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New opera highlights the plight of the bumblebee

Detail from Silence of the Bees promo material for Your Expert witness storyExperts from the School of Biological Sciences at Royal Holloway, London, have teamed up with musicians and artists at the departments of music and English to produce a new opera that explores the dangerous decline in bumblebee populations in the UK. The Silence of the Bees: A Science Opera will receive its world première at the university on 17 March and will launch the Royal Holloway Science Festival.

The main inspiration was the work of Dr Mark Brown, who has carried out research into the decline of bees and worked to protect endangered species and reintroduce extinct types back to the UK.

Dr Brown said: "Scientists and artists are often viewed as working in very different ways, but creativity and the desire to communicate are universal.

"The rapid decline of bees is an issue that urgently needs to be addressed. They provide the essential ecosystem service of pollination and without them we would lose many of our food products as well as many flowering plants.

"I hope that by fusing our worlds together in this one-act opera, we will be able to communicate the importance of this issue to a new audience."

The opera launches a week-long programme of events celebrating science at Royal Holloway. The various activities, which are open to all, include: Frankenfest, where the theme of what it is to be human and the 'nature versus nurture' issue will be explored; a Science Fact, Science Fiction pub quiz and University Challenge for secondary school pupils.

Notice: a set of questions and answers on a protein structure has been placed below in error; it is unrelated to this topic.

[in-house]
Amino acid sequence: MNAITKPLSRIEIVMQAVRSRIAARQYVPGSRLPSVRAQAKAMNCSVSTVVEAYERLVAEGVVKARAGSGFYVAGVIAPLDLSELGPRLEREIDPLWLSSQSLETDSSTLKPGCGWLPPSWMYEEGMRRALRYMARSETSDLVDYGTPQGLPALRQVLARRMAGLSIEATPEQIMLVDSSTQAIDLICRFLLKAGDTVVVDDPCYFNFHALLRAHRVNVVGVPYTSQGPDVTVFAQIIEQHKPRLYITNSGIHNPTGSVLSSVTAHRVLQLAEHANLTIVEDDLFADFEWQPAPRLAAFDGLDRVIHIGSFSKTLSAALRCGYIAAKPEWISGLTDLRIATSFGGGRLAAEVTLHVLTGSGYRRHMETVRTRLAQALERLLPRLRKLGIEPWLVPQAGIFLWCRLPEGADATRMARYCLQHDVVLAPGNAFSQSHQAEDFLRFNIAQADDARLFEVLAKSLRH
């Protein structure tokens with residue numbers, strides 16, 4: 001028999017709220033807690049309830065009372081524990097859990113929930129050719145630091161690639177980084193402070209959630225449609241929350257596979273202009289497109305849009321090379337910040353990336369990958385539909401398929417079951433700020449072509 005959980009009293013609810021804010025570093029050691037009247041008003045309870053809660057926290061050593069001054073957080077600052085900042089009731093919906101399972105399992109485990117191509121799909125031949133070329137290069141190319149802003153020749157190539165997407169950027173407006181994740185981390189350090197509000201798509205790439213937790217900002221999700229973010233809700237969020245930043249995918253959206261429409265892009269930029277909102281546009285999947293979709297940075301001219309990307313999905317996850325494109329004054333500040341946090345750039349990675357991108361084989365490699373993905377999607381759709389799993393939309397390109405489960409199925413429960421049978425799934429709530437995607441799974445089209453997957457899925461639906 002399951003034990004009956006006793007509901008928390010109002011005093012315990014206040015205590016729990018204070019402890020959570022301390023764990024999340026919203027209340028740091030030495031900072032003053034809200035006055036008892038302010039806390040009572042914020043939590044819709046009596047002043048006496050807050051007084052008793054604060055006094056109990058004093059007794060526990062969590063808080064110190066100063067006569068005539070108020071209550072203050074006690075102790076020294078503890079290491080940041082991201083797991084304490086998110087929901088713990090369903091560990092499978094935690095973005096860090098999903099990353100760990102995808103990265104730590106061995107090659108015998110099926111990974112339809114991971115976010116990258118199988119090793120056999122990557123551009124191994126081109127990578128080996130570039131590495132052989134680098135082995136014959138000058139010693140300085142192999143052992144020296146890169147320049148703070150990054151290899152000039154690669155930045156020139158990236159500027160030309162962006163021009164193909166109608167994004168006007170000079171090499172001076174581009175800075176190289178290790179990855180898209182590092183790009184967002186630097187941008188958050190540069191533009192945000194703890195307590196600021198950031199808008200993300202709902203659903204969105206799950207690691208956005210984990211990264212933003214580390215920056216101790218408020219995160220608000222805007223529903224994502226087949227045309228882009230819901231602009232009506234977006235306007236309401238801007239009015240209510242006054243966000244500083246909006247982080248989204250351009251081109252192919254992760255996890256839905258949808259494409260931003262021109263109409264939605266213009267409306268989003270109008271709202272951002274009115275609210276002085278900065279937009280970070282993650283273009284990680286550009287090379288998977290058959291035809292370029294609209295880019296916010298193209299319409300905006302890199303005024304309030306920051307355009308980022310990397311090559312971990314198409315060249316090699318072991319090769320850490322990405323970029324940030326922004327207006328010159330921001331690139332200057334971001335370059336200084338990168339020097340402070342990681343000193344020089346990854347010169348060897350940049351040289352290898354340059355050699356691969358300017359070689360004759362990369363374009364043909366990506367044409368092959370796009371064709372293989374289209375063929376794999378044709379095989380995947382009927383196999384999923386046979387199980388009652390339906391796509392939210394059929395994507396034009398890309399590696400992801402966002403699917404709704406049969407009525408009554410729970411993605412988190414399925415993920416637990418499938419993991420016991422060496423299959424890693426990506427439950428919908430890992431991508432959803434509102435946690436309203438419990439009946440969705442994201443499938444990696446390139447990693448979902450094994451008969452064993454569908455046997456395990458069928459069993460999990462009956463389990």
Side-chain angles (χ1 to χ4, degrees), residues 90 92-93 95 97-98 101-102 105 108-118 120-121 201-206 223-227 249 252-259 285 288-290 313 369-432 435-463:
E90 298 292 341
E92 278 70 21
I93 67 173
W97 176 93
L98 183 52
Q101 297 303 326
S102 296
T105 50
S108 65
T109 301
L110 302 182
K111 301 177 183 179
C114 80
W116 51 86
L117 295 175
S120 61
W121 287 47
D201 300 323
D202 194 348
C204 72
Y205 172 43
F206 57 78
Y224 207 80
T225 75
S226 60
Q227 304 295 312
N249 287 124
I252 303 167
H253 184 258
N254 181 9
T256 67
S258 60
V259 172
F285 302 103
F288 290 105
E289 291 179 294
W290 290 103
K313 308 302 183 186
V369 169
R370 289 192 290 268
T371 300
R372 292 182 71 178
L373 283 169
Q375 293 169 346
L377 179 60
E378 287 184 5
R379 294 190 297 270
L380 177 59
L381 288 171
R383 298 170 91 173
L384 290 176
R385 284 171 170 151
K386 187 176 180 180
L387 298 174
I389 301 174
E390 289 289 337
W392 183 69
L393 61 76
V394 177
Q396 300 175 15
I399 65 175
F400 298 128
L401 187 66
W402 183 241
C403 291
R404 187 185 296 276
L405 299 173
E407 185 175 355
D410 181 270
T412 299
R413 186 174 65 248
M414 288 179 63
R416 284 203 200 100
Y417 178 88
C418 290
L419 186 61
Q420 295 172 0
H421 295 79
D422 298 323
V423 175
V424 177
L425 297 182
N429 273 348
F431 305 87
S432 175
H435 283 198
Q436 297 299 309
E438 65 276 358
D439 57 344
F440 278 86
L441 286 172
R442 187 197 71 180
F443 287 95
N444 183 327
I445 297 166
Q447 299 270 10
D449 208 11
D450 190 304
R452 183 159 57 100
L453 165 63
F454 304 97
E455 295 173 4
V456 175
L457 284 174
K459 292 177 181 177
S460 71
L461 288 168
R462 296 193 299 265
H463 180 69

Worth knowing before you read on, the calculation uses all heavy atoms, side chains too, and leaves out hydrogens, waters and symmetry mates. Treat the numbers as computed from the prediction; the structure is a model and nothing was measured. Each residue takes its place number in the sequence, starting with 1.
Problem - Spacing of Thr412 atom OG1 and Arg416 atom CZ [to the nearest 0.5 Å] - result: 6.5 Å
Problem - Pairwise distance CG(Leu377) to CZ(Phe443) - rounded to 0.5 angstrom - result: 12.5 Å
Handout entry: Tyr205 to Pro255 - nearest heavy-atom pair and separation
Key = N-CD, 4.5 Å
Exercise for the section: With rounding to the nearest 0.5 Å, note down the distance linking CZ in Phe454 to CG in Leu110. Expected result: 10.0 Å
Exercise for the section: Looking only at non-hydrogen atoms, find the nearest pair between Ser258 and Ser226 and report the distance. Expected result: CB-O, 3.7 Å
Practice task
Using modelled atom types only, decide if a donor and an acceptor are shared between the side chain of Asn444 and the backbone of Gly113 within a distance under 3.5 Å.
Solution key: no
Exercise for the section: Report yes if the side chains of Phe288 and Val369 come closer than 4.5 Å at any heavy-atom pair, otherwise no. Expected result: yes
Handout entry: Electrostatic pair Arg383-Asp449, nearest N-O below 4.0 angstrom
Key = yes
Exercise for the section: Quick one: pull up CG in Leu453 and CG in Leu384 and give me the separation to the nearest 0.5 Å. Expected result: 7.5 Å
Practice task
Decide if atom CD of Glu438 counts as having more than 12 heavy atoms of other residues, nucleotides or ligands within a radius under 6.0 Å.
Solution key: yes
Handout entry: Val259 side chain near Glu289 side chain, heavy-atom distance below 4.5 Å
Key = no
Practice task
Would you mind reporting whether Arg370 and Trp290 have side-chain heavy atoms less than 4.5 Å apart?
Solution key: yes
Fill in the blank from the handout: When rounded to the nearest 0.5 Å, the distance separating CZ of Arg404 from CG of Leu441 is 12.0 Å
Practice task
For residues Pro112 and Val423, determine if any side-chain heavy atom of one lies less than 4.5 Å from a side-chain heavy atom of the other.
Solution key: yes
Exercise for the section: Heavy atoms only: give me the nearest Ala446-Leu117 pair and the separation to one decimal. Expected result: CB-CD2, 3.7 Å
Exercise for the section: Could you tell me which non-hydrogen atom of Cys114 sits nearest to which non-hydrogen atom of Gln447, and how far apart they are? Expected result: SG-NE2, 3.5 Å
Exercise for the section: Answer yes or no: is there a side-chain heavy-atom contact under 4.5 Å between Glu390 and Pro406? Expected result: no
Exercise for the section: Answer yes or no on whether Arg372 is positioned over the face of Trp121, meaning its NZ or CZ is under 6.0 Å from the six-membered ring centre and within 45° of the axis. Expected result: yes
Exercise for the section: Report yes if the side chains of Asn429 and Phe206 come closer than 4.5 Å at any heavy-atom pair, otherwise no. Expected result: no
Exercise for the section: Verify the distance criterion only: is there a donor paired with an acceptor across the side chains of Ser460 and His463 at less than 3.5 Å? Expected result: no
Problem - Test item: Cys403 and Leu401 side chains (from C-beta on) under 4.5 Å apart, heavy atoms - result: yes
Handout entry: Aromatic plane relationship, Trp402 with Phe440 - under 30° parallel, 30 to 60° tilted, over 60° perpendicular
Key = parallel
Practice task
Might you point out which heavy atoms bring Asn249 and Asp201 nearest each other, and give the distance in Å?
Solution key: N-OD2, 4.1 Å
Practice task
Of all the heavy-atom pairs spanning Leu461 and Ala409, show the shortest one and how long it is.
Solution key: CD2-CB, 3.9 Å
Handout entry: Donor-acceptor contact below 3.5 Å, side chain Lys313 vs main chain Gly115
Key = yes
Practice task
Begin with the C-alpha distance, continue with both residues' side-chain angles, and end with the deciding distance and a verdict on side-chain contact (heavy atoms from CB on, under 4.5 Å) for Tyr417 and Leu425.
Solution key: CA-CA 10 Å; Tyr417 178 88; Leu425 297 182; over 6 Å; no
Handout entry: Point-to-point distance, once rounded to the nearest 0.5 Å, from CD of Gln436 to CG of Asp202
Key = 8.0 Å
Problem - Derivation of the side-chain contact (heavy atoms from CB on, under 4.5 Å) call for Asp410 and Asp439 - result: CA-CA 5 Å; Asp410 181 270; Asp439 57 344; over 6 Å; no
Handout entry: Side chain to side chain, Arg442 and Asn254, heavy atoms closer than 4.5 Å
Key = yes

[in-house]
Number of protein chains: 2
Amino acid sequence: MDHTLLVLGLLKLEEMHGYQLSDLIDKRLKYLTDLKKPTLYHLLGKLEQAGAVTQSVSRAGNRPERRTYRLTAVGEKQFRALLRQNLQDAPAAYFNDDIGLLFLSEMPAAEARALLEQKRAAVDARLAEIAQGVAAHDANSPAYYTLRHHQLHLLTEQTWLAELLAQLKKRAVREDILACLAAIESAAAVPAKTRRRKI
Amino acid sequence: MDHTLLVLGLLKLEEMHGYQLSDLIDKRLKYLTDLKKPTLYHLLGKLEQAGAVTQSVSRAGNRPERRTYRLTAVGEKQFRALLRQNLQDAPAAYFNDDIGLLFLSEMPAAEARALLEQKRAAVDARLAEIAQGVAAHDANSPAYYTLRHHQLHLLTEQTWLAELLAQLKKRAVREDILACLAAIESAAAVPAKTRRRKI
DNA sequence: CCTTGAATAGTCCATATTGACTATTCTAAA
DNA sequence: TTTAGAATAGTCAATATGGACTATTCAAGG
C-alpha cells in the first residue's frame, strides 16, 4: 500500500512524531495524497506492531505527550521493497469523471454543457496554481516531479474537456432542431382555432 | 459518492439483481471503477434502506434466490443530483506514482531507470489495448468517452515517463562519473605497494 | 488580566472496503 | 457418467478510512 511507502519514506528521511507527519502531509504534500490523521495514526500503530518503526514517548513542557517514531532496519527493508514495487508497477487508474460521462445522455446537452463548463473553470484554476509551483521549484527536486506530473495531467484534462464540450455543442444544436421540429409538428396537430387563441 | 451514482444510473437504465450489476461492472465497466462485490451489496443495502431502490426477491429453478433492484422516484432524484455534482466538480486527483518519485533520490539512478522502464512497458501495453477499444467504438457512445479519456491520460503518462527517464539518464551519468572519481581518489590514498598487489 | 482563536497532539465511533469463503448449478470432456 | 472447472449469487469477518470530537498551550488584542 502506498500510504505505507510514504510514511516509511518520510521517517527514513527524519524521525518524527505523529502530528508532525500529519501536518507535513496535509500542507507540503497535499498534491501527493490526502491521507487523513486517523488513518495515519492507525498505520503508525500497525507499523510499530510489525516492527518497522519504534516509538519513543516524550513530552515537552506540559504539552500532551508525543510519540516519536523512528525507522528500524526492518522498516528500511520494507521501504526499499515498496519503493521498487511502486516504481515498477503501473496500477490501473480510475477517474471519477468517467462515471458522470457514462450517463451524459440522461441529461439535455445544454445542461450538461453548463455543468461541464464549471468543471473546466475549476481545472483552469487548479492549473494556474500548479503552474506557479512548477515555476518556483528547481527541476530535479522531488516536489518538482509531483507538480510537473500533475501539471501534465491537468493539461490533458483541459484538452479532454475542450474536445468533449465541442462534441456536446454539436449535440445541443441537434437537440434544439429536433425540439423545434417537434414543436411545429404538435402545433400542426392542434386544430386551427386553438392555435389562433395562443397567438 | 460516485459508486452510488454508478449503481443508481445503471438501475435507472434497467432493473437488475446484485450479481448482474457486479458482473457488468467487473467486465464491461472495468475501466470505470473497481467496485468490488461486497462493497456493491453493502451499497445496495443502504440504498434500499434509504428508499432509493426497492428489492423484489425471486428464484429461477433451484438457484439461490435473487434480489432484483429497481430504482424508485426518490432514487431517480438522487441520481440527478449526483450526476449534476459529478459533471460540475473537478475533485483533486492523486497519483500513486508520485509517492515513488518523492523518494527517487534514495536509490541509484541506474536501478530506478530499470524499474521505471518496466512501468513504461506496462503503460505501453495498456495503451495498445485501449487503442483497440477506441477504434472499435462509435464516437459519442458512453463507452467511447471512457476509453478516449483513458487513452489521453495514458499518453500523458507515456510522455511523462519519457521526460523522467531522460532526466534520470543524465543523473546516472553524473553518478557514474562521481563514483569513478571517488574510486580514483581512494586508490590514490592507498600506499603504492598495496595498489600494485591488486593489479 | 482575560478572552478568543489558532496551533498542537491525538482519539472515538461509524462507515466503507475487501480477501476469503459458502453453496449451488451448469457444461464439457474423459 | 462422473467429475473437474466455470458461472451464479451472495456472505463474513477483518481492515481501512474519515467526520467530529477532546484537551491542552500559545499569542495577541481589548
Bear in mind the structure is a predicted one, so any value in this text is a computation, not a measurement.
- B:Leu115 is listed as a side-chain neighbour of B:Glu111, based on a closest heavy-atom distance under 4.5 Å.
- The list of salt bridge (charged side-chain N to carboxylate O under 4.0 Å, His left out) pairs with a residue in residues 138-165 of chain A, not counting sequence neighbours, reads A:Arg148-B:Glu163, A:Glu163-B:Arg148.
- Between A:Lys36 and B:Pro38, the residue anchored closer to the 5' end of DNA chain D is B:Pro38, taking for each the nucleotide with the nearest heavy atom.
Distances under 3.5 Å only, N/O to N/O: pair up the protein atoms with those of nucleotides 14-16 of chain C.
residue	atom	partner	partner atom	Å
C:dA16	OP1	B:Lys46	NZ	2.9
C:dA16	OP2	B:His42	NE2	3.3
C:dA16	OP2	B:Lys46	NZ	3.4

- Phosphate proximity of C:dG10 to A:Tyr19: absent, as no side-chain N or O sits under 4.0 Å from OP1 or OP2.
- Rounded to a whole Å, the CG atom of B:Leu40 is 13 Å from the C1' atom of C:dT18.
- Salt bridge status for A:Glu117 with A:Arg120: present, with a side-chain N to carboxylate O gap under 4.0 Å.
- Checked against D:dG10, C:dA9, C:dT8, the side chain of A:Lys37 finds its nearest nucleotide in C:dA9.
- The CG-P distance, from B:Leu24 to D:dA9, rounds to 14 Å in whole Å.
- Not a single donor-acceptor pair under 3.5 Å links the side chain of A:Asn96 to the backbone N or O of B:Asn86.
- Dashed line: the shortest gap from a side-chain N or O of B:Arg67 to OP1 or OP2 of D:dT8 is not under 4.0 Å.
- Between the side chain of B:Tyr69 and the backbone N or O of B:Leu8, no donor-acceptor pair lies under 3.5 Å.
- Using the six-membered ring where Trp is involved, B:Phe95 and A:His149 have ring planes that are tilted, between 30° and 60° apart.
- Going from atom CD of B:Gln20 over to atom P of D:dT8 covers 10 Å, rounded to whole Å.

The week will culminate in Super Science Saturday where artists, craftspeople, performers and producers will host a Science Alternative Village Fete, with stalls featuring pinhole photography portraits, where participants will be asked to pose as favourite scientist/alien/intergalactic hero and a Table of Curiosities which will explore science fiction through magic lantern slide making, optical drawing, thaumatropes and flick books.

There will also be the opportunity to take part in a live Twitter hunt, see the university's brain scanner in action, play particle Guess Who, try cracking codes and build robots to challenge Royal Holloway's robot team at Connect 4.

Professor Paul Layzell, Principal of Royal Holloway, said: "We have a thriving science community here at Royal Holloway, with world-class pioneering research, so this is a great opportunity for everyone to come along and discover some of the exciting things that we are up to.

"As early assessment for science is made more demanding, it's important that we continue to engage the next generation in these subjects and make it fun. Through these types of activities, we can demonstrate the wide-ranging impact of science and debunk traditional perceptions."

Last Updated on Wednesday, 13 March 2013 14:11